# gcd

Greatest common divisor

## Syntax

• `G = gcd(A,B)` example
• ```[G,U,V] = gcd(A,B)``` example

## Description

example

````G = gcd(A,B)` returns the greatest common divisors of the elements of `A` and `B`. The elements in `G` are always nonnegative, and `gcd(0,0)` returns `0`. This syntax supports inputs of any numeric type.```

example

``````[G,U,V] = gcd(A,B)``` also returns the Bézout coefficients, `U` and `V`, which satisfy: `A.*U + B.*V = G`. The Bézout coefficients are useful for solving Diophantine equations. This syntax supports double, single, and signed integer inputs.```

## Examples

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### Greatest Common Divisors of Double Values

```A = [-5 17; 10 0]; B = [-15 3; 100 0]; G = gcd(A,B) ```
```G = 5 1 10 0```

`gcd` returns positive values, even when the inputs are negative.

### Greatest Common Divisors of Unsigned Integers

```A = uint16([255 511 15]); B = uint16([15 127 1023]); G = gcd(A,B)```
```G = 15 1 3```

### Solution to Diophantine Equation

Solve the Diophantine equation, 30x + 56y = 8 for x and y.

Find the greatest common divisor and a pair of Bézout coefficients for `30` and `56`.

`[g,u,v] = gcd(30,56)`
```g = 2 u = -13 v = 7```

`u` and `v` satisfy the Bézout's identity, `(30*u) + (56*v) = g`.

Rewrite Bézout's identity so that it looks more like the original equation. Do this by multiplying by `4`. Use `==` to verify that both sides of the equation are equal.

`(30*u*4) + (56*v*4) == g*4`
```ans = 1 ```

Calculate the values of x and y that solve the problem.

```x = u*4 y = v*4```
```x = -52 y = 28```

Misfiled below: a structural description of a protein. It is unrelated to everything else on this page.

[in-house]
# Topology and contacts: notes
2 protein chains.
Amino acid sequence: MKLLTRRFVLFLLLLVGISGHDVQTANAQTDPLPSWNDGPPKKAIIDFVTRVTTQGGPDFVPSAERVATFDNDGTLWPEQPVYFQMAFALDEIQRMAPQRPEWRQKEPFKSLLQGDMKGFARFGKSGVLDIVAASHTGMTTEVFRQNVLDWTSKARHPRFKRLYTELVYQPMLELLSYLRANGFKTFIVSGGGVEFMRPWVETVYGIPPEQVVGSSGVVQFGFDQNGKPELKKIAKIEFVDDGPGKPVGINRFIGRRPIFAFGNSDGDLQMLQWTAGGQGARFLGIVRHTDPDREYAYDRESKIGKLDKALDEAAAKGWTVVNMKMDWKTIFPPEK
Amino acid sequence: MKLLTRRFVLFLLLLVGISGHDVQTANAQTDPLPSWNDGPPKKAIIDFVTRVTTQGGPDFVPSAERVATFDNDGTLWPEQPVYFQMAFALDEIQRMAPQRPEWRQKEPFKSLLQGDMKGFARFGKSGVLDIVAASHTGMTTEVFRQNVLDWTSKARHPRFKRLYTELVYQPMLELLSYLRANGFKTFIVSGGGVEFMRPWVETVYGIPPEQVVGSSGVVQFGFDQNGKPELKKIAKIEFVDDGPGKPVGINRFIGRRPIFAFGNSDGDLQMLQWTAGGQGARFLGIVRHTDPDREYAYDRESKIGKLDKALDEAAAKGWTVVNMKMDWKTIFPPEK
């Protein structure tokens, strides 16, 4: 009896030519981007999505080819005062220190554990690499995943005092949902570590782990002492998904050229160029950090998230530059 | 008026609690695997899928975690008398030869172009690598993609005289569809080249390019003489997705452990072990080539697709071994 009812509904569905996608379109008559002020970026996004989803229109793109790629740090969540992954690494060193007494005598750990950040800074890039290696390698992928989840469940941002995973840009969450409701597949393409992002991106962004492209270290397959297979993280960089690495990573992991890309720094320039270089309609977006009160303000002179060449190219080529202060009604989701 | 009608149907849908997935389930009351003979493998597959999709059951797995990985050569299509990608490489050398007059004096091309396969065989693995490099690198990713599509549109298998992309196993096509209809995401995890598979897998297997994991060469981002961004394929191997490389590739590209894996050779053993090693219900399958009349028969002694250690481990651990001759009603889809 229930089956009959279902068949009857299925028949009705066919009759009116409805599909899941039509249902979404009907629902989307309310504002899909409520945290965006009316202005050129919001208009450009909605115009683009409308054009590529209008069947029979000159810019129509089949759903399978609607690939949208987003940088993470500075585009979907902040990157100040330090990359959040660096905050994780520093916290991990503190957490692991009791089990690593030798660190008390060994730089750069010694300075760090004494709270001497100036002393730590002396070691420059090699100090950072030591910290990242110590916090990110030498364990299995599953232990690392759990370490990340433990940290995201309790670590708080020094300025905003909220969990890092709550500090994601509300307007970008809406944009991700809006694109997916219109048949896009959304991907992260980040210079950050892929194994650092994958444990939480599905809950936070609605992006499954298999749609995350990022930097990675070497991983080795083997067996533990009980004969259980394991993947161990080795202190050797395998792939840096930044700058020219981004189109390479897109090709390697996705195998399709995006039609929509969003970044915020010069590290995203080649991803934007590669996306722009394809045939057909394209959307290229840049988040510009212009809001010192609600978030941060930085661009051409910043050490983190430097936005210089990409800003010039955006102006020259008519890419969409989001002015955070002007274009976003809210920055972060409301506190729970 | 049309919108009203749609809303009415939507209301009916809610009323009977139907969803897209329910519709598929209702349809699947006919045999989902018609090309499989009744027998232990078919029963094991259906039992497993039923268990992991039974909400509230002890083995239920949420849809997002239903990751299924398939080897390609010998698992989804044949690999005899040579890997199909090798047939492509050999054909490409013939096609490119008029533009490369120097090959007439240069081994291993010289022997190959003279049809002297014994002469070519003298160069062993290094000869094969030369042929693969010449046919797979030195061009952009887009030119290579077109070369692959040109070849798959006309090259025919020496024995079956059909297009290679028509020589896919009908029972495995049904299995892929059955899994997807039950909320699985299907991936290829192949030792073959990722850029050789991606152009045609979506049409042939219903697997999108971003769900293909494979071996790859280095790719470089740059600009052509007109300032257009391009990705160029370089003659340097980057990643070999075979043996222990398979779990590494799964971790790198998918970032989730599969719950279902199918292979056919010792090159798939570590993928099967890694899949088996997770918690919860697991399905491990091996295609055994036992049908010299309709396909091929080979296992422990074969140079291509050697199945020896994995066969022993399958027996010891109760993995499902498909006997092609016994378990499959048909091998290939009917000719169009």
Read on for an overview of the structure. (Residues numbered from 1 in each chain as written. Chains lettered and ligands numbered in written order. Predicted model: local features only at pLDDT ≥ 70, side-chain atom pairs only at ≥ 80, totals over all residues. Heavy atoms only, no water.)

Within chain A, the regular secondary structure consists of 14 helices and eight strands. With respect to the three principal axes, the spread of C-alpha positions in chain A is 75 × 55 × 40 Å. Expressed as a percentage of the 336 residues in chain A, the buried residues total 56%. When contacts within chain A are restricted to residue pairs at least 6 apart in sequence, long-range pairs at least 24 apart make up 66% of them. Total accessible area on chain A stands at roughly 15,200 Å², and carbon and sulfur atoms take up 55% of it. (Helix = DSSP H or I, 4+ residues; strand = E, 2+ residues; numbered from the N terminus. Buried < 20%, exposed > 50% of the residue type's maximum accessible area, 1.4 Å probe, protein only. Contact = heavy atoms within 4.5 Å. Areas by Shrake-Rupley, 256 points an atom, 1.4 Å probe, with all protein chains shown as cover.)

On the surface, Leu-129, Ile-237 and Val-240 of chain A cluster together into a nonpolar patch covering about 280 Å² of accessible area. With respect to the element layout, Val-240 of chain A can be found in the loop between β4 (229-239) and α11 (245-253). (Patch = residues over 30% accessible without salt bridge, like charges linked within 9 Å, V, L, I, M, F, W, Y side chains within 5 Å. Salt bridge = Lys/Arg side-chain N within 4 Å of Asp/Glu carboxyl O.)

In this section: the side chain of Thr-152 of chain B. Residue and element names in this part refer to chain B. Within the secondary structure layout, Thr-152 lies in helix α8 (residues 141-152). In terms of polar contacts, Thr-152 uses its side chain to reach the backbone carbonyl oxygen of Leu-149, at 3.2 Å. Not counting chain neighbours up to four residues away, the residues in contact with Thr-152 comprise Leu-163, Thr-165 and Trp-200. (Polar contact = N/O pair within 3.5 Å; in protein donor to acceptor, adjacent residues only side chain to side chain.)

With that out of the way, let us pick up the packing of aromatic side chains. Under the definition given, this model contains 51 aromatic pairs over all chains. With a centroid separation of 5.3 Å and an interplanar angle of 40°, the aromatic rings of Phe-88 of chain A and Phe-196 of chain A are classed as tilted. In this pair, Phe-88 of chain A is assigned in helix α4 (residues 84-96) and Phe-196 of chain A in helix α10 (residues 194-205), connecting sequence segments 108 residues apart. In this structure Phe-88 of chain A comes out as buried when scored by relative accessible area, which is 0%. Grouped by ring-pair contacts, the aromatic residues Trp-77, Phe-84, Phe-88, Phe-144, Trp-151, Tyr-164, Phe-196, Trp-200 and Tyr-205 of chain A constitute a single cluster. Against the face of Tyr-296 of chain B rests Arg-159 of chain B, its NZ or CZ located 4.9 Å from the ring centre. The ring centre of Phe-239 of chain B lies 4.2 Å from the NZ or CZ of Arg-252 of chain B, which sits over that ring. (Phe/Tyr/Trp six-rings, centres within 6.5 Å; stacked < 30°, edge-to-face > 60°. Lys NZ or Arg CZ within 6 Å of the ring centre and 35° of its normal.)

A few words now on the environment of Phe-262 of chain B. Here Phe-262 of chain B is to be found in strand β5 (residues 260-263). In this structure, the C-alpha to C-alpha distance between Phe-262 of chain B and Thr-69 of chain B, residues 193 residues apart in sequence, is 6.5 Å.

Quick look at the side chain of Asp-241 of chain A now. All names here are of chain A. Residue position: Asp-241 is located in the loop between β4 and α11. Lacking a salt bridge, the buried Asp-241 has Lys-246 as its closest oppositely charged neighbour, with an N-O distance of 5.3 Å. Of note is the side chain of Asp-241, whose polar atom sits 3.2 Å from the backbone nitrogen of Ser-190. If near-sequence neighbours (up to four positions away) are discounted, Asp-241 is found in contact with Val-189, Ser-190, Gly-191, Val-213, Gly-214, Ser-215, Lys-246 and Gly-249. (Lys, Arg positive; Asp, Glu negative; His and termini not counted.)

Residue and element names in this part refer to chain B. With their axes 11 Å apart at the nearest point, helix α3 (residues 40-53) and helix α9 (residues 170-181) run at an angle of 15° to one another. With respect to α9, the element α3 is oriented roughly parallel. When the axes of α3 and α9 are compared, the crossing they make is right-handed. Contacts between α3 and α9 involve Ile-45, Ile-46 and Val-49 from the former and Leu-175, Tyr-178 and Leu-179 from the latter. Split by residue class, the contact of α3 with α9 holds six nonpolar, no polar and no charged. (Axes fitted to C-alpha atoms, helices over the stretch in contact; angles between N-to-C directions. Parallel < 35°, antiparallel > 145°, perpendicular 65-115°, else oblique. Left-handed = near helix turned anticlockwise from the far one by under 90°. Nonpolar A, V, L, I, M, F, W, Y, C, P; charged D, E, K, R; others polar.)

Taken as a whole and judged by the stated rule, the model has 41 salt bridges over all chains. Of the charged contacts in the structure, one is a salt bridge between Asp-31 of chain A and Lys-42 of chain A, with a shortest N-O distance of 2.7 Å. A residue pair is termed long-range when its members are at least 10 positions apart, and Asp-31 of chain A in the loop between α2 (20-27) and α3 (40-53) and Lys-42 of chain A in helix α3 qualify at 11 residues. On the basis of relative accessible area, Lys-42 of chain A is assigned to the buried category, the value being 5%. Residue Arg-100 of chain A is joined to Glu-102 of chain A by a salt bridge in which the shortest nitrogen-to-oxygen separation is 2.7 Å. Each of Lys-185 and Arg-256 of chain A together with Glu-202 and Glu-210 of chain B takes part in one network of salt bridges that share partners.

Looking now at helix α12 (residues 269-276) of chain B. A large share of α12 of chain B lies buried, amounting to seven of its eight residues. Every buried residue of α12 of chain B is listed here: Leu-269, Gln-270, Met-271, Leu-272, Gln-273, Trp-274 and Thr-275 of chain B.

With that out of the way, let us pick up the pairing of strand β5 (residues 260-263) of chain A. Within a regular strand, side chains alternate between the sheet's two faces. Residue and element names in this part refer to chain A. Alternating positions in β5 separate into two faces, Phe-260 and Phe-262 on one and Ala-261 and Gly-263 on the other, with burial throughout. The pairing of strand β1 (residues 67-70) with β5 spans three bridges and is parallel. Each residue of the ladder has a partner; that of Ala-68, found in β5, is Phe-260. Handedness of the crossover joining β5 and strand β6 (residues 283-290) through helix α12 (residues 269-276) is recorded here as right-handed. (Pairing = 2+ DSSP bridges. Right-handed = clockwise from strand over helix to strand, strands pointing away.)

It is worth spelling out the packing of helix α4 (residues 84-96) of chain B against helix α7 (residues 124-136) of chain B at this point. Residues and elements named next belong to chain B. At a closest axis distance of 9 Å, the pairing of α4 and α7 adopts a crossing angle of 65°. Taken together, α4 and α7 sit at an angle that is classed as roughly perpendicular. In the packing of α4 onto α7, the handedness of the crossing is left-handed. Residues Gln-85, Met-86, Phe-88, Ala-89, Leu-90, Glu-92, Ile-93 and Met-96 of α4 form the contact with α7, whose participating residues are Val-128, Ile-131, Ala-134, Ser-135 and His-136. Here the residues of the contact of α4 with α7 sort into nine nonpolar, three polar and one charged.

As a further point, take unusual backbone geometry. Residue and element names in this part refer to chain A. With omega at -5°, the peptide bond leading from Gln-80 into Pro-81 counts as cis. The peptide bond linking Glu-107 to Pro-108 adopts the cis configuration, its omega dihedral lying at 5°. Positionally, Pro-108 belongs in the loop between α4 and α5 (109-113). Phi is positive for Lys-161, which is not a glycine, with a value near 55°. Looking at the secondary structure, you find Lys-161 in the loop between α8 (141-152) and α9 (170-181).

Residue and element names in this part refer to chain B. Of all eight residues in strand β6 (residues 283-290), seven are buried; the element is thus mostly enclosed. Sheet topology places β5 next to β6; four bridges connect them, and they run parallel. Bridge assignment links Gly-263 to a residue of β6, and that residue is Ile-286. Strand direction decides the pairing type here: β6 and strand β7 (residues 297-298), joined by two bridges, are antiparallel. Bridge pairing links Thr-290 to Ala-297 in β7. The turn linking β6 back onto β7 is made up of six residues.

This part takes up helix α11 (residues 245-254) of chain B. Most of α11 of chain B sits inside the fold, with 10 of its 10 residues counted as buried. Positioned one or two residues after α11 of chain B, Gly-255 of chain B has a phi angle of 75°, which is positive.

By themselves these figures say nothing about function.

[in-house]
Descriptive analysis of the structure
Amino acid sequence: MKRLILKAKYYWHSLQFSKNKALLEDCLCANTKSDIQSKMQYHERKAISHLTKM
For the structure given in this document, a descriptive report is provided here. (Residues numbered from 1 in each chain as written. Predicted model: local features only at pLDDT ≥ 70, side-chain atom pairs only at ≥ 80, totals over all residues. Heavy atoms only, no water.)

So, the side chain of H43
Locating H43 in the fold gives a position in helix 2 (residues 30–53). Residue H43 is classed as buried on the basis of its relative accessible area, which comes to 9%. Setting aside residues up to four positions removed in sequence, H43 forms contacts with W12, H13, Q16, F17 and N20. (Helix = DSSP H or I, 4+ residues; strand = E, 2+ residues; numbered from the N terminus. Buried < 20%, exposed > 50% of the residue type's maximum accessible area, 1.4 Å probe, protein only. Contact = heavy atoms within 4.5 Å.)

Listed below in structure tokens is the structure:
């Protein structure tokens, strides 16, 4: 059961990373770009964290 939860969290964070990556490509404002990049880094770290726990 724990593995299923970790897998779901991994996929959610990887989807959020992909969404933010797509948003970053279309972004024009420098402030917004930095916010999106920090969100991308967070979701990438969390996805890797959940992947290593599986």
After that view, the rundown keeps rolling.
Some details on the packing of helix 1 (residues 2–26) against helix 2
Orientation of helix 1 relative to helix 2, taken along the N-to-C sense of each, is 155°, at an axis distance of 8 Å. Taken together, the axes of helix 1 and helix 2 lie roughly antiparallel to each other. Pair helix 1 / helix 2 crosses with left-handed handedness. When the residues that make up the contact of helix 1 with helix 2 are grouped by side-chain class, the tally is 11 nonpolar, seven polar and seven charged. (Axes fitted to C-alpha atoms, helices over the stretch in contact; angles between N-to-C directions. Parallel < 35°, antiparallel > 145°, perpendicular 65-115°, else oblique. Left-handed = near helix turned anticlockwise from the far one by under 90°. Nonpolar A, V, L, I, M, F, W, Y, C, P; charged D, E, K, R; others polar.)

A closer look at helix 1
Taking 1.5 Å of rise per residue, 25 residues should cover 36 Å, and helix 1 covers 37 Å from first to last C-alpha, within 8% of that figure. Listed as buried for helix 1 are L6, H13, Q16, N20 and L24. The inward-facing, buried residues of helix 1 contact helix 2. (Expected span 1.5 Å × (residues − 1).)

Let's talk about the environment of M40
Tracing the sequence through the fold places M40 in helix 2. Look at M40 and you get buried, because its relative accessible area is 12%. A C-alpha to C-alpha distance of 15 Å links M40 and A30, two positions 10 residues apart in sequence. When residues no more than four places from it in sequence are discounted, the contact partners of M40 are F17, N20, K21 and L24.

## Input Arguments

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### `A,B` — Input valuesscalars, vectors, or arrays of real integer values

Input values, specified as scalars, vectors, or arrays of real integer values. `A` and `B` can be any numeric type, and they can be of different types within certain limitations:

• If `A` or `B` is of type `single`, then the other can be of type `single` or `double`.

• If `A` or `B` belongs to an integer class, then the other must belong to the same class or it must be a `double` scalar value.

`A` and `B` must be the same size or one must be a scalar.

Example: `[20 -3 13],[10 6 7]`

Example: `int16([100 -30 200]),int16([20 15 9])`

Example: `int16([100 -30 200]),20`

Data Types: `single` | `double` | `int8` | `int16` | `int32` | `int64` | `uint8` | `uint16` | `uint32` | `uint64`

## Output Arguments

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### `G` — Greatest common divisorreal, nonnegative integer values

Greatest common divisor, returned as an array of real nonnegative integer values. `G` is the same size as `A` and `B`, and the values in `G` are always real and nonnegative. `G` is returned as the same type as `A` and `B`. If `A` and `B` are of different types, then `G` is returned as the nondouble type.

### `U,V` — Bézout coefficientsreal integer values

Bézout coefficients, returned as arrays of real integer values that satisfy the equation, `A.*U + B.*V = G`. The data type of `U` and `V` is the same type as that of `A` and `B`. If `A` and `B` are of different types, then `U` and `V` are returned as the nondouble type.

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### Algorithms

`g = gcd(A,B)` is calculated using the Euclidian algorithm.[1]

`[g,u,v] = gcd(A,B)` is calculated using the extended Euclidian algorithm.[1]

## References

[1] Knuth, D. "Algorithms A and X." The Art of Computer Programming, Vol. 2, Section 4.5.2. Reading, MA: Addison-Wesley, 1973.